So last summer I noticed an armadillo had moved into one of the ginseng nursery beds. It’s been a destructive force in the area since it arrived a couple of weeks ago. I wrote this post while trying to decide what to do the situation. I thought it would be a good time now to update and let everyone know the outcome.
What would you do? Kill the armadillo or let it live?
Why a dilemma to me?
First of all, I don’t like to kill anything unless we’re going to eat it. I’m not going to eat an armadillo.
But the armadillo is causing havoc. Wild Ozark grows wild-simulated American ginseng, which is indistinguishable from wild except on a genetic level– maybe. There are some who say all ginseng is the same, and some (like me) who believe there are local cultivars for each of the native regions… if those cultivars haven’t been diluted out of existence by genetic pollution from years of seeds being planted sourced from outside sources. Here’s a link for more reading on that: http://www.wildginsengconservation.com/GeneticPollution.html.
Anyway, back to the armadillo. The critter isn’t eating the ginseng, but the grubs and earthworms that live in the ginseng patch.
If I let this go and allow Nature to determine what happens next, the armadillo will continue to tear up ginseng rootlets as it hunts earthworms at night.
Armadillos are not native here. Neither are the earthworms. Am I native here? At least on a human-level, I think I am.
There is evidence that humans lived here many thousands of years ago. Not so for the cute little leprosy-hosting armored bandits. They migrated up from Texas, along with their road-runner friends.
At least the earthworms are beneficial and don’t harm the plant that is the basis of our livelihood.
But the armadillo is also eating grubs, which are the larva of an insect (Japanese beetle) that also isn’t native. And the grubs do eat the roots of plants possibly including the ginseng.
So it could be doing me a service even if it is very destructive in the process.
Don’t fear the Armadillo-Leprosy connection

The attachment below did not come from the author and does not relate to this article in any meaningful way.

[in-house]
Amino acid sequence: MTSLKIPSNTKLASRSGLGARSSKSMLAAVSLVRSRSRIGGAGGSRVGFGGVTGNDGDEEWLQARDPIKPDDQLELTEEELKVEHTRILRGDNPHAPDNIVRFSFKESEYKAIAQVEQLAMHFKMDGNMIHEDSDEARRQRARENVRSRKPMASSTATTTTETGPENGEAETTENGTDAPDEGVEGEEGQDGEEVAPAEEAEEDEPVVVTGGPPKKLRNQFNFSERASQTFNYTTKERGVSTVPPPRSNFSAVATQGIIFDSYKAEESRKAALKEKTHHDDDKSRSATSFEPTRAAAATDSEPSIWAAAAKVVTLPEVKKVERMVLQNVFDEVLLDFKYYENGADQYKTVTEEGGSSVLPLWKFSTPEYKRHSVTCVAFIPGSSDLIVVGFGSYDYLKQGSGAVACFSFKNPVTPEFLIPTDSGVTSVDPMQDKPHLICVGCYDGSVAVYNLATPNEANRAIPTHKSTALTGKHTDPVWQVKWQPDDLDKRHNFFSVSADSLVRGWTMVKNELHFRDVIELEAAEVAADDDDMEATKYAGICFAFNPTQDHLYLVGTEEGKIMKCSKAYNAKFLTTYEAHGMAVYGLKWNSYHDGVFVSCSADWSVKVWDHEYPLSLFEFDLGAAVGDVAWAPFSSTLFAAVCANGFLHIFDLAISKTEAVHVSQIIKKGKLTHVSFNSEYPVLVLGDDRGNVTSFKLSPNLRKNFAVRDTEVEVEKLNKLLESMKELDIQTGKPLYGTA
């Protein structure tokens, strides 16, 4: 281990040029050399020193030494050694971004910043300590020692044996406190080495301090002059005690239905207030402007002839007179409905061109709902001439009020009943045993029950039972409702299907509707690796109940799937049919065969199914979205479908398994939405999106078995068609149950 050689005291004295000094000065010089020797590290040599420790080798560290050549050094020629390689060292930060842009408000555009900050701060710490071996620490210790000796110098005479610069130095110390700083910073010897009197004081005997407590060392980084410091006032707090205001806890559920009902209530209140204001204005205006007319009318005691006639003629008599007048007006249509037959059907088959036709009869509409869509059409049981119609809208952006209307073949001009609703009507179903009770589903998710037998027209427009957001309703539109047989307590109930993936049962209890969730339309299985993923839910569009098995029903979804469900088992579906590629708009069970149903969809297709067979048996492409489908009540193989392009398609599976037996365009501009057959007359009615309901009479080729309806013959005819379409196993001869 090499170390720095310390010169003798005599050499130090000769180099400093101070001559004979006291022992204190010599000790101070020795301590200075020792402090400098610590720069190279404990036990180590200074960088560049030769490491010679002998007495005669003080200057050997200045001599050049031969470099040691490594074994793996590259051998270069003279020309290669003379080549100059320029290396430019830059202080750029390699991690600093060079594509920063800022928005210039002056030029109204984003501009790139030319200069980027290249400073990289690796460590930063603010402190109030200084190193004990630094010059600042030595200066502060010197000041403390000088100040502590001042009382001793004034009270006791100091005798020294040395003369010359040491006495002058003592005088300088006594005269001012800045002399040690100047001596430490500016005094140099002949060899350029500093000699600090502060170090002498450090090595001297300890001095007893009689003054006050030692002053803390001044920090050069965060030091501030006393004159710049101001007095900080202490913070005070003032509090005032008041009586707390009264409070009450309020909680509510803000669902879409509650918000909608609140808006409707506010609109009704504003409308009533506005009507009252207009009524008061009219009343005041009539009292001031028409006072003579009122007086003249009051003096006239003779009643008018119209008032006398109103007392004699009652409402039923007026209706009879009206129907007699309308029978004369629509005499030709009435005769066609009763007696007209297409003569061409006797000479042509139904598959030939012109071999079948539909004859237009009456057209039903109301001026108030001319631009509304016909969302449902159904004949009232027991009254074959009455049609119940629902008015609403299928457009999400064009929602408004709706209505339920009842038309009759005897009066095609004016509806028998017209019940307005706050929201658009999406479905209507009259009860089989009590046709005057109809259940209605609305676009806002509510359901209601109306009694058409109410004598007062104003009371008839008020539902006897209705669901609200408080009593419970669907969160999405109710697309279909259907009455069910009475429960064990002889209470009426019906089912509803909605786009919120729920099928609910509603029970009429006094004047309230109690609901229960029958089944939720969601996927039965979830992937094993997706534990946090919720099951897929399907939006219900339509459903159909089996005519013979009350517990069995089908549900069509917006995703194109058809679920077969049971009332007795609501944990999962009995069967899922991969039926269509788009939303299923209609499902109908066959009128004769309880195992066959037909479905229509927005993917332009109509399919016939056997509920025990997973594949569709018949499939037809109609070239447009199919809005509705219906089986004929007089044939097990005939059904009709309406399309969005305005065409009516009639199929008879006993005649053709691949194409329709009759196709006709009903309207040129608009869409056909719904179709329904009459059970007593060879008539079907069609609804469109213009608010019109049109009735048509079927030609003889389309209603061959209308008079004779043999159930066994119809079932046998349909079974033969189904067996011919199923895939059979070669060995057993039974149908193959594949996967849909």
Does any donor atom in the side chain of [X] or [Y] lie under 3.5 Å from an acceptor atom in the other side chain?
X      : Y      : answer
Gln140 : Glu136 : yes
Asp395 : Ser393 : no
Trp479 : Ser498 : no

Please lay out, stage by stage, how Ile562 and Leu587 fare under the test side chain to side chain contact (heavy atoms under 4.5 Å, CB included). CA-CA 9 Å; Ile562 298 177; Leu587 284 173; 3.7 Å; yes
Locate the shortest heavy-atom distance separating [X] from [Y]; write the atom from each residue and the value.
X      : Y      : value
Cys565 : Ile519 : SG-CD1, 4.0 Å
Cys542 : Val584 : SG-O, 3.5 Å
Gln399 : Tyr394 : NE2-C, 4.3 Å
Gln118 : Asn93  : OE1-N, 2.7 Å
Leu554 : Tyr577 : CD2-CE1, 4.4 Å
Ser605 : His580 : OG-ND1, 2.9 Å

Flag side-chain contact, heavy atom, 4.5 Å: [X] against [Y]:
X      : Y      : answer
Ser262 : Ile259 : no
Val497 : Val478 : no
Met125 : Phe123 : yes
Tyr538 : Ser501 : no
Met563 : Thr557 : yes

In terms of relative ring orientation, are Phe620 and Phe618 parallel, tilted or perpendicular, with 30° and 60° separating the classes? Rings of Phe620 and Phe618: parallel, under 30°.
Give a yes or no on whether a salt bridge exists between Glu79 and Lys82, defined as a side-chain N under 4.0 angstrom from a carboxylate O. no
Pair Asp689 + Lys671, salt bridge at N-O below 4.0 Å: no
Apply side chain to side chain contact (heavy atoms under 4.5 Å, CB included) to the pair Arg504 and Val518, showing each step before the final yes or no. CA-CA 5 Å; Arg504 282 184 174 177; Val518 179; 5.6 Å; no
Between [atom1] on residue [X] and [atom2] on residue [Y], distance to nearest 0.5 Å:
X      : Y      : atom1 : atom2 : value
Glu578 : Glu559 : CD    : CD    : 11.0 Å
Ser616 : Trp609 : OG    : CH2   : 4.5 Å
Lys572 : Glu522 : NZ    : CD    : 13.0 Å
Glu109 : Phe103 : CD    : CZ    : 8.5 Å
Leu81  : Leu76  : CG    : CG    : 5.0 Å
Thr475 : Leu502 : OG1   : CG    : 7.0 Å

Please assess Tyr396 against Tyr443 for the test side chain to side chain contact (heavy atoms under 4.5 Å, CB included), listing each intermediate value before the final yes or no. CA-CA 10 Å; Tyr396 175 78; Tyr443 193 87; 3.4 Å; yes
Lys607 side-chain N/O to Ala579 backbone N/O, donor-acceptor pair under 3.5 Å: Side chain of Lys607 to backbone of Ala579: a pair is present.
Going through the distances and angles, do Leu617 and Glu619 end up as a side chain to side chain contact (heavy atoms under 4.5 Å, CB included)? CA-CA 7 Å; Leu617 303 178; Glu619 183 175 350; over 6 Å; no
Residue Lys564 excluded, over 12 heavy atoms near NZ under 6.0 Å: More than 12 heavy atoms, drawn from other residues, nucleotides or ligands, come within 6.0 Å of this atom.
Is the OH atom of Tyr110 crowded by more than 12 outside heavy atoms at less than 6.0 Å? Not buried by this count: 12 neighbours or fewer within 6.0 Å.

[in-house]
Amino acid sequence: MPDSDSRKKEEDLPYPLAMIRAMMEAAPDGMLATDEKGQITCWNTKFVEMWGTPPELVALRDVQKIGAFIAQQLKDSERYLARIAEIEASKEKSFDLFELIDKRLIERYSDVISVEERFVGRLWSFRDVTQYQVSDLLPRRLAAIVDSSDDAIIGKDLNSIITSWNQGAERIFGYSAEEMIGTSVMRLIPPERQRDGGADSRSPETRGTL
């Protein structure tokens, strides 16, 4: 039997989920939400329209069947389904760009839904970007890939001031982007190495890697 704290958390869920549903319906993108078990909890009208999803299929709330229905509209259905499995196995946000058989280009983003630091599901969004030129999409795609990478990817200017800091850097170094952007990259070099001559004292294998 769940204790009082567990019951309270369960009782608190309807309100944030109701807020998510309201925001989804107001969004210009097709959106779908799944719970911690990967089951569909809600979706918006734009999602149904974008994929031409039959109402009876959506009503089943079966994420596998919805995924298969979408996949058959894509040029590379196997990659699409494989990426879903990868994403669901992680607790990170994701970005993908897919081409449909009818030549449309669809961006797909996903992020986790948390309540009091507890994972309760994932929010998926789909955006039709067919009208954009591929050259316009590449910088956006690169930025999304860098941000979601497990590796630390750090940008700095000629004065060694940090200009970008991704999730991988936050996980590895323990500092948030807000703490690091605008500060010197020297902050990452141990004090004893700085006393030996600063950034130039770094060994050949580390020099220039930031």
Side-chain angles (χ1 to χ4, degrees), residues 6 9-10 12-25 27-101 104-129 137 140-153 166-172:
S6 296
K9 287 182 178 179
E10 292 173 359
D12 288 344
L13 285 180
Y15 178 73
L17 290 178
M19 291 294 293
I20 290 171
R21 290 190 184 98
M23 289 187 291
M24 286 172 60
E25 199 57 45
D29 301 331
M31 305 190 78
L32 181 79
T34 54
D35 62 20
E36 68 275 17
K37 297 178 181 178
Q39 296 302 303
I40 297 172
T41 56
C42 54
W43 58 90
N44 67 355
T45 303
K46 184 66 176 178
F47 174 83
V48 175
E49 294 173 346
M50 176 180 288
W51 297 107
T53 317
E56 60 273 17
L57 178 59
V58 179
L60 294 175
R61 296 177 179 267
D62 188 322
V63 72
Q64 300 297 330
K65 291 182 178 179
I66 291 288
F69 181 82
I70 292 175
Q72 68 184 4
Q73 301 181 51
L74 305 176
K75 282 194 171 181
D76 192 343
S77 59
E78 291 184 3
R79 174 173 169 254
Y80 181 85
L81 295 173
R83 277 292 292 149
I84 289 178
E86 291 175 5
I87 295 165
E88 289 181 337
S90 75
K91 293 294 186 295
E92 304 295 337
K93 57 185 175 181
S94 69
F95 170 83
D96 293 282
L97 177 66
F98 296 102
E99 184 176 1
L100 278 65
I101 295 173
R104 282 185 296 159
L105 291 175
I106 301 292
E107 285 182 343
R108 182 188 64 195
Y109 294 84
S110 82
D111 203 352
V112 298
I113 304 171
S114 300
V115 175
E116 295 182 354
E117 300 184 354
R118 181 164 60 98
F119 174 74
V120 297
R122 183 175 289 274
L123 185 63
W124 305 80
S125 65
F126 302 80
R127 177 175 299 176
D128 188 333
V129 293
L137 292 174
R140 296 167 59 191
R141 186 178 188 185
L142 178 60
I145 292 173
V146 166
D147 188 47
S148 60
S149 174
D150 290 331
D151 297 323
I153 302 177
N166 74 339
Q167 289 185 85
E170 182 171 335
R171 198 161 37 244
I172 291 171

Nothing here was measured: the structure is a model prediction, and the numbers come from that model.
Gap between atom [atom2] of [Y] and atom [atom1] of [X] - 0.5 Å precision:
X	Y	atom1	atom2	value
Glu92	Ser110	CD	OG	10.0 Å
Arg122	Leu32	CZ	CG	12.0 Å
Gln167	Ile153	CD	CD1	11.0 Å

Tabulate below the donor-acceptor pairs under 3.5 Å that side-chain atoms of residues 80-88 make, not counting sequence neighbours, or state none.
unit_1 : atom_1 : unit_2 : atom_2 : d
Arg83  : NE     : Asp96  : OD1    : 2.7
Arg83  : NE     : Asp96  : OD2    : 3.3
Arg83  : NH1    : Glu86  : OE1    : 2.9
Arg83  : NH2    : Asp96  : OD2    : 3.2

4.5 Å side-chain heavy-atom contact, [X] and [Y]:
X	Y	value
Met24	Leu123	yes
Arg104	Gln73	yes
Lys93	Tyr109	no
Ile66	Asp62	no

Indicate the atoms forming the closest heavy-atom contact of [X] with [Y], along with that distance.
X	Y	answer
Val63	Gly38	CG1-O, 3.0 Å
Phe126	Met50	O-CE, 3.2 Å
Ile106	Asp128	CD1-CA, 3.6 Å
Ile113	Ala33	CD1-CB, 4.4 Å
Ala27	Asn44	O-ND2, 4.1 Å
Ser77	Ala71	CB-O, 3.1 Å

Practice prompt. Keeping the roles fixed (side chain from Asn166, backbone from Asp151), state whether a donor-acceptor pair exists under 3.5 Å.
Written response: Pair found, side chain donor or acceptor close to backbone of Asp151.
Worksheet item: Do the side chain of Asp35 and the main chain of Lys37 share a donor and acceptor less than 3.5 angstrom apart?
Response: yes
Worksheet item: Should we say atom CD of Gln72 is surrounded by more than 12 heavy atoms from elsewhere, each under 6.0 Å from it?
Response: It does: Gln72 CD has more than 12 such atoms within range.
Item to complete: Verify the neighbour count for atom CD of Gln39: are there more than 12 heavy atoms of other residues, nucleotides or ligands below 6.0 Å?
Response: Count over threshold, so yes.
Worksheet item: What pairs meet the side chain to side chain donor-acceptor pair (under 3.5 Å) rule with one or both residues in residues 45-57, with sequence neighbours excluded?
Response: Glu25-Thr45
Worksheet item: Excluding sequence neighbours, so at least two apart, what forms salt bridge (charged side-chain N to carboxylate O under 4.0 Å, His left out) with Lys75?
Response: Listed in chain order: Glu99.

As a side-note, there’s no need to worry about the leprosy unless you’re cuddling armadillos. You can’t catch the disease just by inhabiting the same piece of ground. If you tend to eat armadillos, be sure to cook the meat thoroughly. There have been cases of it caught from undercooked armadillo meat.
What’s this about leprosy??
Our nine-banded Armadillos are the only mammal that can host the leprosy bacteria that has plagued humans for centuries. They’re used to study the disease in laboratories. I once turned down what might have been a very interesting lab job at Carville, Louisiana where leprosy is studied on the campus of what used to be the last remaining Leper’s Colony in the United States. The laboratory has since moved to nearby Baton Rouge.
If you do tend to play with wild animals, however, I’d leave the armadillo off of your list of critters to cuddle. Just in case. At least leprosy can be treated nowadays.
But that’s about as comforting to me as knowing that I can get rabies shots if I’m bitten by a rabid animal. I’d just rather not.
If I kill the armadillo, then I have interfered with Nature, right? If I don’t kill it, maybe it’ll help cut down on the Japanese beetle problem.
If I let the it live, then it will likely produce offspring, if it hasn’t already. Then those in turn will turn up even more of the nursery beds.
Even if it eats every last one of the grubs it’ll never run out of earthworms to devour. The grubs aren’t so much of an issue in our woods. The earthworms are doing a helpful job.
I feel that I myself am a natural part of Nature, and therefore have a right to defend territory I’ve marked as “mine”.
I’ll tell this to the invader later today. Then it can either leave or stay and face the consequences.
First I’ll try the live trap and relocation. If that doesn’t work, it’ll be on the hit list.
Update 2018: This past summer we had the largest invasion of japanese beetles I’ve ever seen here. I decided to leave the armadillo alone. Although many areas were uprooted and the ground was turned up, I did not notice a significant amount of loss of seedlings or mature plants. That armadillo probably ate more than its weight in japanese beetle grubs, though, and for that I am thankful. And willing to sacrifice a few plants.
Madison Woods is an author, artist, and Paleo Paint maker living
with her husband in northwest Arkansas far off the beaten path. She uses Ozark pigments to create her paintings.
To see all paintings click here.
To see exhibit locations click here.
Email: [email protected]